It’s quiet. Very quiet. So quiet I’m beginning to wonder if it might just be best to put today on snooze and come back tomorrow when hopefully something will have happened.
The only snippet of Arsenal related news is that Carl Jenkinson was invited to train with the England squad yesterday as they had a session at London Colney. Roy Hodgson isn’t calling him up just yet but obviously wants to show him that his international future lies closer to home. As I’m sure you know Carl has represented Finland at underage level and could declare for them. So, after sharing a training pitch with Ashley Cole I think our snowy friends can celebrate a new international player coming their way very soon.
Beyond that nothing. Not a thing. It’s one of those Interlulls where the very life has been sucked out of football and one must resort to old tales and anecdotes to fill the gap. I’m reminded of an Interlull many years ago, probably around 2000 or 2001 and in order to get a couple of injured players back to fitness Arsene Wenger arranged a behind closed doors friendly against Birmingham City one evening.
There was a smattering of senior players involved such as Sylvain Wiltord (who was recovering from an Achilles injury caused when Ray Parlour knelt down behind him and Dennis Bergkamp pushed him over), Alex Manninger was in goal while Kanu, in dispute with the Nigerian FA over a goal bonus issue, supported Wiltord up front.
It was supposed to be a routine win for Arsenal but Birmingham, managed by football’s most overworked sinuses (Trevor Francis) took to the field like demons and gave us a torrid time. The artful mastery of Stan Lazaridis had our midfield chasing shadows, while the twin threat of Geoff Horsfield and Peter Ndlovu up top caused the defence all manner of problems. Arsene Wenger grew ever more perplexed on the sidelines as his team struggled with their opponents and it was no surprise when Horsfield shanked a ball into the path of his Zimbabwean strike partner for him to put the visitors 1-0 up.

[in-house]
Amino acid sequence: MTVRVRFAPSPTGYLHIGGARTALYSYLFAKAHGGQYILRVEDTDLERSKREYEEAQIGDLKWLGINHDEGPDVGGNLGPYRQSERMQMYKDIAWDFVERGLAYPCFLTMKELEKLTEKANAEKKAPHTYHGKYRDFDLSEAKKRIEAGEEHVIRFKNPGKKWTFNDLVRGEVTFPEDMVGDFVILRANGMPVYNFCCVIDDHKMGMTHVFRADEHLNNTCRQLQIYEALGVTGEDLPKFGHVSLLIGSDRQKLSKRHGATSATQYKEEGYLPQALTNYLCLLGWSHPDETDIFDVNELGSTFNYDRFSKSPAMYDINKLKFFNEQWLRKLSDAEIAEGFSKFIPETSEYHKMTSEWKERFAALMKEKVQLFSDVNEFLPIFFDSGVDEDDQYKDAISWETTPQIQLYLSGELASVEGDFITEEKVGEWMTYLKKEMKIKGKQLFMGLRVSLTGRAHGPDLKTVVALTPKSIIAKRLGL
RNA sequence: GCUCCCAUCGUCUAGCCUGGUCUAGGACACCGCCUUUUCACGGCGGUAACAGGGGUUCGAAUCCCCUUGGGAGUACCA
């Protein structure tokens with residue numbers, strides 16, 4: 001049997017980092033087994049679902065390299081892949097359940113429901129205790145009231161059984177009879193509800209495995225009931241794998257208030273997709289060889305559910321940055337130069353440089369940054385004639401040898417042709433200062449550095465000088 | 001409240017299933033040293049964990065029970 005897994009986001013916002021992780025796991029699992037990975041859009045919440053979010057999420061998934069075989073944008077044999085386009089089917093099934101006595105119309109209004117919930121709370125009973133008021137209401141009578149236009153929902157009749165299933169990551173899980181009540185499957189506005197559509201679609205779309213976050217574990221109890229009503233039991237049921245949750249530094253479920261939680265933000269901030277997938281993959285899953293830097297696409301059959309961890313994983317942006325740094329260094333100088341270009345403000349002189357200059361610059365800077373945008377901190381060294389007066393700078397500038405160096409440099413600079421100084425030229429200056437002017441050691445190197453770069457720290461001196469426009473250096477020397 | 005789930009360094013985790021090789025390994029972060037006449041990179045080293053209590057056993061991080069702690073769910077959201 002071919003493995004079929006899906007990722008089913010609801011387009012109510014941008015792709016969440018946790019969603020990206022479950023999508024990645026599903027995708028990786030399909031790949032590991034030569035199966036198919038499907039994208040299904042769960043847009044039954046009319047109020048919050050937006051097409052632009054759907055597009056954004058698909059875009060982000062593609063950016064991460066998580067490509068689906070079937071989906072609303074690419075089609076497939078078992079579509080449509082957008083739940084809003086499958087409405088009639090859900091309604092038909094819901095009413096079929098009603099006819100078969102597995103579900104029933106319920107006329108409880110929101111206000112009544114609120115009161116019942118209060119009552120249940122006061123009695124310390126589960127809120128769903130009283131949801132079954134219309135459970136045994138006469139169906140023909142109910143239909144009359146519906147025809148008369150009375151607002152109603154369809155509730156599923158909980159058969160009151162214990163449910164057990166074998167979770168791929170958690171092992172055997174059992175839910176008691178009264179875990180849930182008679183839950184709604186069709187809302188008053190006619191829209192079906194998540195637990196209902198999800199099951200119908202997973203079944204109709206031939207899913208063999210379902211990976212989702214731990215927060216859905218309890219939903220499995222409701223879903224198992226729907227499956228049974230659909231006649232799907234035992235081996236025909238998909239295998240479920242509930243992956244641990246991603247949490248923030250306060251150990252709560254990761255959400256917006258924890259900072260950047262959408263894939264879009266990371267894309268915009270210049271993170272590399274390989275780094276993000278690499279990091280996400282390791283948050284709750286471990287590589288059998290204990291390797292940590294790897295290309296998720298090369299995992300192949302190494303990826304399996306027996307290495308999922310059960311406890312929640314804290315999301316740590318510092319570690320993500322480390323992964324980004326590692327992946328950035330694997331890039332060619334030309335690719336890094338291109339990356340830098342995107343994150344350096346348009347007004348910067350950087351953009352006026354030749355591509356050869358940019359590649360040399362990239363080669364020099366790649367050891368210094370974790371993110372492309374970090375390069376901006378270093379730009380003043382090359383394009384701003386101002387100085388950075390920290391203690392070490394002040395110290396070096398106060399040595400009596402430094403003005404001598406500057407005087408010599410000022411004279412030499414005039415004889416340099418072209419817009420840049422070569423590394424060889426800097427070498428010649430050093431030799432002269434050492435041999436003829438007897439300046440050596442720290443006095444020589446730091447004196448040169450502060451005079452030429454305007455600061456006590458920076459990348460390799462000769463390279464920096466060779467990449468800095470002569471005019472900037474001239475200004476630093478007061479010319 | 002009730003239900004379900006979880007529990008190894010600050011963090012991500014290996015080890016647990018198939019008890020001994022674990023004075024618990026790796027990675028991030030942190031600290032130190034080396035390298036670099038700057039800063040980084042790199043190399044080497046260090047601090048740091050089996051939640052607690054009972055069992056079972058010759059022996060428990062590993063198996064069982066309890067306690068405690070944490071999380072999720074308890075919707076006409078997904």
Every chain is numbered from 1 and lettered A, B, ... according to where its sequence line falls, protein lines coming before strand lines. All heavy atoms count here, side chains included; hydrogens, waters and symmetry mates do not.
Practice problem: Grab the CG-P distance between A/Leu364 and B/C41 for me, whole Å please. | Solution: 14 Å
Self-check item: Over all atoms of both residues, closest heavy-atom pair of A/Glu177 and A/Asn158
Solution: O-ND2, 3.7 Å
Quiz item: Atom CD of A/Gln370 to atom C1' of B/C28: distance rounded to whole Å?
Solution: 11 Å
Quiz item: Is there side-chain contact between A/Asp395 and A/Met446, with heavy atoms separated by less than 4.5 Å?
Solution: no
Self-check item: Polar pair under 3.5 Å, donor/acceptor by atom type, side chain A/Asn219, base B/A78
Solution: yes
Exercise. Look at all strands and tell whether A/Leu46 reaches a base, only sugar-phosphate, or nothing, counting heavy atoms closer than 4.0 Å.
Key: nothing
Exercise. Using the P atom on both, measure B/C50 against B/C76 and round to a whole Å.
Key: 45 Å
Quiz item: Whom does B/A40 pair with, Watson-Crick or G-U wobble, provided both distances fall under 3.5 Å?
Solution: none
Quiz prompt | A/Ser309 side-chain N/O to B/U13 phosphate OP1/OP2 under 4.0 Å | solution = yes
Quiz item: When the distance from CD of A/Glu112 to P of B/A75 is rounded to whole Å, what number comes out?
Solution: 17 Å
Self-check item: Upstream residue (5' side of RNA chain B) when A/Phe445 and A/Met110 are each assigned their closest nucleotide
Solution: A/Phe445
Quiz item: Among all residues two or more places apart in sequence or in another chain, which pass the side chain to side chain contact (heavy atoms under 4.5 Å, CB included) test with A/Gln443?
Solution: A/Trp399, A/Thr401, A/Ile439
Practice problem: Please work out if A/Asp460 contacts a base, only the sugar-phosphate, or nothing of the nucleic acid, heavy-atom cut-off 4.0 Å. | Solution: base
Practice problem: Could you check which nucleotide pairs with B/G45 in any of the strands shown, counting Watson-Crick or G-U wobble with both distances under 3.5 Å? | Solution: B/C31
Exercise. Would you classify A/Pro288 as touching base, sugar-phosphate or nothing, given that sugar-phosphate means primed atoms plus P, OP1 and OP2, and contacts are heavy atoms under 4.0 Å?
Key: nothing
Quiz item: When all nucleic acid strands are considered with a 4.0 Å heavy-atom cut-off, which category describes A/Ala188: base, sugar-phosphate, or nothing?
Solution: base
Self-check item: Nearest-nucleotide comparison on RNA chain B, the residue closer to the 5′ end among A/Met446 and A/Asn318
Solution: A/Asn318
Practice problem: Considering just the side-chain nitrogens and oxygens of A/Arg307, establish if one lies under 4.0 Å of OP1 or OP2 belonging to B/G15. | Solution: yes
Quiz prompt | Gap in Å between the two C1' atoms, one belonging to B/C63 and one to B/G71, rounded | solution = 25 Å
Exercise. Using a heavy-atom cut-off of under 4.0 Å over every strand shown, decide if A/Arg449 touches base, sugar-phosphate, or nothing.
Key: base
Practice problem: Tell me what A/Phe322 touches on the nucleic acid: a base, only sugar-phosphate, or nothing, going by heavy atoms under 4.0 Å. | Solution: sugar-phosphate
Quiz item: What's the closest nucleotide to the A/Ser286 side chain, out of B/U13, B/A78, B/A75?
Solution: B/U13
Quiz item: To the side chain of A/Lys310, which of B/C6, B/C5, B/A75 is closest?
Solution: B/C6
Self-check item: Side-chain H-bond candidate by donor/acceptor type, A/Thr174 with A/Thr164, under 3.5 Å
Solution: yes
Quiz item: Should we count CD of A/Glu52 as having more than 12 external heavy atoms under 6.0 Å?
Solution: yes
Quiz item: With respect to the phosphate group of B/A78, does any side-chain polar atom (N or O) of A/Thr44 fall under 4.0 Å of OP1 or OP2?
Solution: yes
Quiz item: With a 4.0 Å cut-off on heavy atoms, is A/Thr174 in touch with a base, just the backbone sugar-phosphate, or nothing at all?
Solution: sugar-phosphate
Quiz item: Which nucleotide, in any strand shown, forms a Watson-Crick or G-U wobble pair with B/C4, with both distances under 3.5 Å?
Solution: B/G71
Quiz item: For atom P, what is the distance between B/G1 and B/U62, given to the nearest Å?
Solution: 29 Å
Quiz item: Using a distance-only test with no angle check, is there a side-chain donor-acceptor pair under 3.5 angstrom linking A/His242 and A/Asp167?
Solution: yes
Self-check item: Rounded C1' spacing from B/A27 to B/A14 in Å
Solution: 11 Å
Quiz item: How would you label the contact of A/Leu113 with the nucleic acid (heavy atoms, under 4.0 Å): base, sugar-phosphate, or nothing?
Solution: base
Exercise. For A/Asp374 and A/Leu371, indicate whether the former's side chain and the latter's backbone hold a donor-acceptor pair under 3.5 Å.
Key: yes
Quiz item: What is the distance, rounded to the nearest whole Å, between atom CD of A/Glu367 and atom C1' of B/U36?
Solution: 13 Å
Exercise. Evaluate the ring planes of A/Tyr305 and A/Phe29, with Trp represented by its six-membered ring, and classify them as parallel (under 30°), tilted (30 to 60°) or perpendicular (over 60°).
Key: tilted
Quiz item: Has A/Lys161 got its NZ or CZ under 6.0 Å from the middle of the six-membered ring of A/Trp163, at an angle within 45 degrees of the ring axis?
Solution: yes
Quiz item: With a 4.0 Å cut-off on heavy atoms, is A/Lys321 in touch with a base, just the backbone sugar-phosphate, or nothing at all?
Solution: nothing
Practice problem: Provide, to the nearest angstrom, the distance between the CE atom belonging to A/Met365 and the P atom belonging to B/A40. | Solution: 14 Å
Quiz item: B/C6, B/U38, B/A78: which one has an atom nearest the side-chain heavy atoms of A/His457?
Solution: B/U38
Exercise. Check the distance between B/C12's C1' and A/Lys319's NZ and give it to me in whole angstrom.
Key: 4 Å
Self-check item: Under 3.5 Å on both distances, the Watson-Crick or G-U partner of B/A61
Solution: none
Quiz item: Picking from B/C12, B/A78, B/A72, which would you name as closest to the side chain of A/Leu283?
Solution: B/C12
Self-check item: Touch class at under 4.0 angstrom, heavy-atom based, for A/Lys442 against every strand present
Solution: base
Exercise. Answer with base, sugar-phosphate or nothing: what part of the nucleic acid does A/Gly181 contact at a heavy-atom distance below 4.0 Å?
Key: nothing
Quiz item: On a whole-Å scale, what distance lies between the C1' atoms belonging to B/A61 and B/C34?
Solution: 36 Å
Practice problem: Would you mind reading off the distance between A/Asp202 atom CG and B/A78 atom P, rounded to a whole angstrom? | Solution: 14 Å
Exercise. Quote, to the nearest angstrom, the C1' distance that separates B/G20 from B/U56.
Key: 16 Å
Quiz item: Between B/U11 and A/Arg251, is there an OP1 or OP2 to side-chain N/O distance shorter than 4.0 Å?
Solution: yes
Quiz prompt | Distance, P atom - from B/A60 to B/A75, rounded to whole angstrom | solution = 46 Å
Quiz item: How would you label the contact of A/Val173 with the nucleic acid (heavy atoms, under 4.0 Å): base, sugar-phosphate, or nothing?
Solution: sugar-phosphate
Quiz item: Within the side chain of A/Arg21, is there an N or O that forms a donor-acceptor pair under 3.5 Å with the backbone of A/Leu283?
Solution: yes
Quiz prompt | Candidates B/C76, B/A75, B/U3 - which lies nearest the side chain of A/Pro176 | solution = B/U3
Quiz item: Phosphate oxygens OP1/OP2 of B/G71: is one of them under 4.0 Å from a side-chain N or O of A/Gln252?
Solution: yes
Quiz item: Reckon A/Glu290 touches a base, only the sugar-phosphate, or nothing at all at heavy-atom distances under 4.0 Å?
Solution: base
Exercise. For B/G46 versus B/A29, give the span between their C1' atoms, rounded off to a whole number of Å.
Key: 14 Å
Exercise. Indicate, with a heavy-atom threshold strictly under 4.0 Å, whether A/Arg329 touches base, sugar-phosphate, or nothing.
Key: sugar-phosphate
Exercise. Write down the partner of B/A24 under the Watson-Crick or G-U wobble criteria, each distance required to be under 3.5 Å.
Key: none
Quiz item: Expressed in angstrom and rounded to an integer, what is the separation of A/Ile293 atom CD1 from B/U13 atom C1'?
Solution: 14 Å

It went from bad to worse a few minutes later. Lee Cannoville failed to deal with a routine long ball, allowing it to bounce over his head. Igors Stepanovs slipped as he went to make the tackle and a gleeful Ndlovu made it 2-0 to Birmingham. And as if that wasn’t bad enough, he then turned creator as he skipped past David Noble in midfield and threaded a beautiful ball to Horsfield who shouldered John Halls out of the way to put them 3-0 up at half-time.
The usually stoic Arsene Wenger was furious at the interval. Throwing cups of tea around and booting chairs from one side of the dressing room to the other. Pat Rice was aghast. Boro Primorac looked like he might cry a little. The team looked shell-shocked though and nothing was getting through to them. It did not augur well for the second period.
Now, many of you will know that Arsenal’s training ground is right next door to Watford’s and the two clubs have a good relationship. On that particular day, Watford chairman Elton John was there to watch the game (he was having an enforced lay-off from singing because of throat nodules and he was filling the gap with his second love, football).
As the teams came out for the second half he was dismayed to see Arsenal’s players trudging forlornly to the pitch, looking beaten and dispirited. Elton had a big problem with Trevor Francis after England’s first £1m footballer told Shoot magazine in 1978 that Crocodile Rock was his least favourite song of all time, and he wanted some revenge. So, as the Arsenal players made their way onto the pitch he took Kanu to one side and whispered something to him. At first he looked shocked but then seemed to understand, nodded and with a newly found spring in his step went out for the second half.
The game kicked off, Arsenal looked tired, beaten, and Birmingham’s front men started to cause problems again. That was until Kanu ambled back from his forward position and when the ref wasn’t looking pinched Ndlovu’s arse. He looked around but Kanu just winked, took the ball and fed Wiltord who banged home a goal. A few moments later, again out of view of the officials, Kanu cupped Ndlovu’s balls before setting Jo Kuffour free who crossed for Tomas Danilevičius who closed to gap to just one goal.
With ten minutes left, well, I think you know. This time he groped his opponent’s chest, tweaking a nipple which allowed him to run at the Birmingham defence and deftly chip the keeper to make it 3-3. And with just 2 minutes to go Arsenal won the game when Kanu erotically stroked the now bewildered Ndlovu’s inner-thigh which freed up the space for substitute Graham Barrett to win the game for the Gunners.
Arsene Wenger was delighted, beaming on the sidelines, and after a perfunctory handshake with Trevor Francis sought out his main man to ask what had turned the game around.
“That was amazing,” he said to the lanky Nigerian, “but I have to know what Elton John said to you. Whatever it was it totally negated the threat of their most dangerous player.”
“It was a simple instruction, boss”, he replied.
“What was it? What was it?!”, Wenger asked.
“Well, he came up to me said …”
“Yeah … yeah …?!”
“Kanu, feel Ndlovu tonight.”
Till tomorrow, if we’re still speaking.